Over the last few years a distinct shift has occurred within the thought of liberation theology’s most famous proponent, Gustavo Gutiérrez. Specifically, Gutiérrez has ventured into mysticism. With this movement a fascinating question can be posed: Does the incorporation of mysticism open up a door for dialogue with Latin America’s other popular theology, Pentecostalism? Conversely, should Pentecostalism reflexively understand itself historically and theologically as a liberating movement of the poor? Placed together, an emphasis on praxis seems to reveal, at minimum, a common starting point. The methodology of the paper incorporates a detailed historical analysis of Gutiérrez’s position on mysticism and moves to the conclusion that the shift in emphasis opens the door, albeit a small crack, to one of the most exciting opportunities to occur within the history of Christianity: the marriage of Pentecostal spirituality with liberating social action.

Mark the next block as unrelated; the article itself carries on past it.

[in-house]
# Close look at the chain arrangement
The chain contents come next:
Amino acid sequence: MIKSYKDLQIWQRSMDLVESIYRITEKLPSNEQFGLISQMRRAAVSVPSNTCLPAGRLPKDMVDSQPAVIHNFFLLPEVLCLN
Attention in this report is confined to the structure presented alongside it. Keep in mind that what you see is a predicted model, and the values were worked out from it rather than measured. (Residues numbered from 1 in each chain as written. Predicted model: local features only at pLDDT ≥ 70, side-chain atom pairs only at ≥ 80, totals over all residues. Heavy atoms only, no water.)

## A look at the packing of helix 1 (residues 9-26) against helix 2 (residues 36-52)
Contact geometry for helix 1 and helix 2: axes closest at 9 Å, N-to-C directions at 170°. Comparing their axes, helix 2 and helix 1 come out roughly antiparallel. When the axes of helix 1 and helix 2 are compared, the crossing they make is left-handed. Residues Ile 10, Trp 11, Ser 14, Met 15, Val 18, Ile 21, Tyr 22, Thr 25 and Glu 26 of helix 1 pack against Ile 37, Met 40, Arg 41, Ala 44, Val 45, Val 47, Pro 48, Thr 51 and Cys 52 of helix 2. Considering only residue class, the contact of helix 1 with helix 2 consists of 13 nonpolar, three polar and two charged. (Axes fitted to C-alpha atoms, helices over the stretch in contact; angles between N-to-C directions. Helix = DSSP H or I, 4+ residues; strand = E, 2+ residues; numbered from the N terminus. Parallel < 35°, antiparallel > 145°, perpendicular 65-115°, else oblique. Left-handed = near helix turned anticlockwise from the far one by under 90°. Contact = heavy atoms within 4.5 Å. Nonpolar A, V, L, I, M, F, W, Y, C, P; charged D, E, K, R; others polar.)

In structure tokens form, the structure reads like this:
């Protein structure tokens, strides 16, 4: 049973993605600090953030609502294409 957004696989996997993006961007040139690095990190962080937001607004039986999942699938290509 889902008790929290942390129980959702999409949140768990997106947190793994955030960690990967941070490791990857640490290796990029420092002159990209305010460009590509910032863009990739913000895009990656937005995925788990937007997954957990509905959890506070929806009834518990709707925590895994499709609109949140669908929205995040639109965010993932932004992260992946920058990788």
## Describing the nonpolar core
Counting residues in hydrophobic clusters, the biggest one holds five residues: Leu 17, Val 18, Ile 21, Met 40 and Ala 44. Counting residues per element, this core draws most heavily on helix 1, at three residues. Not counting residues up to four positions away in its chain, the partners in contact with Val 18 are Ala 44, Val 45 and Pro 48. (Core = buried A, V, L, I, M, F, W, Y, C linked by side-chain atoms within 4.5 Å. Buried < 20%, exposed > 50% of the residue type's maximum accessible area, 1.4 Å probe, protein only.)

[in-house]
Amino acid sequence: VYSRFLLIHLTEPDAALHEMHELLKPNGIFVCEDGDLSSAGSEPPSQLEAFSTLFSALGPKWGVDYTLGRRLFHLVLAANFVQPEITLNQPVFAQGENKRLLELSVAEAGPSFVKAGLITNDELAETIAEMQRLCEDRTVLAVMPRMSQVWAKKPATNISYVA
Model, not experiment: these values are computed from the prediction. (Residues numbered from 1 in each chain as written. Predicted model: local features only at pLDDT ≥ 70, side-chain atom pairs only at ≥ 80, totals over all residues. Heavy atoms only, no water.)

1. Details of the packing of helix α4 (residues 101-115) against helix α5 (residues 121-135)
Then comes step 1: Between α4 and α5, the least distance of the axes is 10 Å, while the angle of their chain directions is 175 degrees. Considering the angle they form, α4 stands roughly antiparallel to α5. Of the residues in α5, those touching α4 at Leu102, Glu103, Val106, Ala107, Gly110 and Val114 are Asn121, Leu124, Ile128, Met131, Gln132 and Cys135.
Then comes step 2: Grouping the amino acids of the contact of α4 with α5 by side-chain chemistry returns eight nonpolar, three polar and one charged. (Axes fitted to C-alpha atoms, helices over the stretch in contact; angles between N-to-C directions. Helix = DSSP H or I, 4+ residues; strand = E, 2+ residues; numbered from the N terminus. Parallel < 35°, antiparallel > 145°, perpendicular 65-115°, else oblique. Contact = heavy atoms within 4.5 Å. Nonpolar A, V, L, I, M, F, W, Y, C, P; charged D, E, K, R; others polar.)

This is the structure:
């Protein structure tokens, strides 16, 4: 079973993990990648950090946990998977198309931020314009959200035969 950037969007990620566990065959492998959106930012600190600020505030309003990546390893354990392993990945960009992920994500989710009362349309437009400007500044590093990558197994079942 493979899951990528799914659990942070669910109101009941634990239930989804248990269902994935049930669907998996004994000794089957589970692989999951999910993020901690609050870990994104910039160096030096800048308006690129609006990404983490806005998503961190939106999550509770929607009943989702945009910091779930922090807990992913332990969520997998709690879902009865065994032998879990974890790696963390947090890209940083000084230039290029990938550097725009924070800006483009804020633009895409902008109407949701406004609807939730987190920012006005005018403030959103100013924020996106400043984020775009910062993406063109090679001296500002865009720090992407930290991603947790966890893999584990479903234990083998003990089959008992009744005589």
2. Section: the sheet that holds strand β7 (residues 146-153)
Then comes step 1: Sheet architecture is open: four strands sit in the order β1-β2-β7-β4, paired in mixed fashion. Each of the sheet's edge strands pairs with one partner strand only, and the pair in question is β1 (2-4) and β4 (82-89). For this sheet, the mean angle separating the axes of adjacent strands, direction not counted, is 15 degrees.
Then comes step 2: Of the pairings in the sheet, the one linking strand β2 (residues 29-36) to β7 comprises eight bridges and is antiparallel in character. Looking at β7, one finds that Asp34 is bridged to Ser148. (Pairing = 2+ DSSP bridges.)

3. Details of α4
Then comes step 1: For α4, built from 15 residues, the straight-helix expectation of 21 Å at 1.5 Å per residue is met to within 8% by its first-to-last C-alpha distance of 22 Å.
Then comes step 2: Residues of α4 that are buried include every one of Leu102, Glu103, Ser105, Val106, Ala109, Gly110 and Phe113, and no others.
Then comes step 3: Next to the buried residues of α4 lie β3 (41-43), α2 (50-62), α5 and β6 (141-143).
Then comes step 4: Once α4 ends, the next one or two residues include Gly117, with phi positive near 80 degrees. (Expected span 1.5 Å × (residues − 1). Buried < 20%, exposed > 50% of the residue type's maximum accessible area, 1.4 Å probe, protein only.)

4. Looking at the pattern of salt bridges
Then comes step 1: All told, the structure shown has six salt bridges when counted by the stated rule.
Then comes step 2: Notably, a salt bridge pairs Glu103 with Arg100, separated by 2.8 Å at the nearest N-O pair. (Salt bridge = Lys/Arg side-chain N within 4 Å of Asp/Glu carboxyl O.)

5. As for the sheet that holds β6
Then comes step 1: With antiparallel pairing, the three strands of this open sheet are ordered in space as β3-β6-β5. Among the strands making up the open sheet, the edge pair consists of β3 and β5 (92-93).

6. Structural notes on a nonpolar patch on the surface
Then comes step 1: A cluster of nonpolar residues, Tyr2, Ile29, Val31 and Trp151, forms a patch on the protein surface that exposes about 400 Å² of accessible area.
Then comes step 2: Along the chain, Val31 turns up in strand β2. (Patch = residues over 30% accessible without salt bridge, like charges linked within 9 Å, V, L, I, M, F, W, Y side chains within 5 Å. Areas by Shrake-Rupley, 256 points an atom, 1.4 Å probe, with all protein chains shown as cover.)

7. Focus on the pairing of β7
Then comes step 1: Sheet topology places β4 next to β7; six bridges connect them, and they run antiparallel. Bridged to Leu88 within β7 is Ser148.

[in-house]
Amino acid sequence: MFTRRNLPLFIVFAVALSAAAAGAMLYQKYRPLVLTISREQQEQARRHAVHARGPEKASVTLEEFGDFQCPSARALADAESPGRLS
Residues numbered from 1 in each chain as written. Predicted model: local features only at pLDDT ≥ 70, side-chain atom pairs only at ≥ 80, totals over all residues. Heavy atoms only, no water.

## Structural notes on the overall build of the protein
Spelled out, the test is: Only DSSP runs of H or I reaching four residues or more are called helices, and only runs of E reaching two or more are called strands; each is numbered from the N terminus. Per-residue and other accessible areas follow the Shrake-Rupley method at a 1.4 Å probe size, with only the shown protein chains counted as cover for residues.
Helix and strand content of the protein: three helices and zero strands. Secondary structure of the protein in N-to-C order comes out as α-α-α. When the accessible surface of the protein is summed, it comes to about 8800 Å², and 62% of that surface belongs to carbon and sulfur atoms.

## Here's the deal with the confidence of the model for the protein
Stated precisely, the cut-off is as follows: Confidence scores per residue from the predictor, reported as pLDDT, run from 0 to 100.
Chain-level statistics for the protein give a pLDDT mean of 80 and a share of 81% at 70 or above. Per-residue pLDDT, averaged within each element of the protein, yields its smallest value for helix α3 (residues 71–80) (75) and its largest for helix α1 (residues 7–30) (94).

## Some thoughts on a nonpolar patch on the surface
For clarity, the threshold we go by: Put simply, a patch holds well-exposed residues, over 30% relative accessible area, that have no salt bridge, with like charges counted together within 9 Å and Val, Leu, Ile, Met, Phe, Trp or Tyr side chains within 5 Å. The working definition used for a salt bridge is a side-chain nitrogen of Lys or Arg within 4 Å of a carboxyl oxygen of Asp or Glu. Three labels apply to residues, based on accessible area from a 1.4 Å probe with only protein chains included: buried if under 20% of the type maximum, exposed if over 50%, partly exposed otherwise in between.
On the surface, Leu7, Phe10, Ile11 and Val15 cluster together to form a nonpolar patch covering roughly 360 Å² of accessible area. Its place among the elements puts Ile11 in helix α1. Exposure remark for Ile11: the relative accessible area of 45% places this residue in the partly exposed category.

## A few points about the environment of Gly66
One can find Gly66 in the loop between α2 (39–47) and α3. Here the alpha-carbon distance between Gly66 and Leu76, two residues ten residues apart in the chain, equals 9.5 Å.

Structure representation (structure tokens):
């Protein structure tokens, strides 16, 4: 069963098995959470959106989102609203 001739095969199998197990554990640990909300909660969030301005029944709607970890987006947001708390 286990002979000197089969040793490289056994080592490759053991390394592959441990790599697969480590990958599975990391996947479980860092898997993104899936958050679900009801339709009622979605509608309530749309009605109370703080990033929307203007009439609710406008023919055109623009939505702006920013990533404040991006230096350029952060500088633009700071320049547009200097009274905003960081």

William Diver of Columbia University (1921-1995) critiqued the very roots of traditional and contemporary linguistics and founded a school of thought that aims for radical aposteriorism in accounting for the distribution of linguistic forms in authentic text. Grammatical and phonological analyses of Homeric Greek, Classical Latin, and Modern English reveal language to be an instrument whose structure is shaped by its communicative function and by the peculiarly human characteristics of its users. Diver's foundational works, many never before published, appear here newly edited and annotated, with introductions by the editors. The volume presents for the first time to a wide audience the depth and originality of Diver's iconoclastic thought.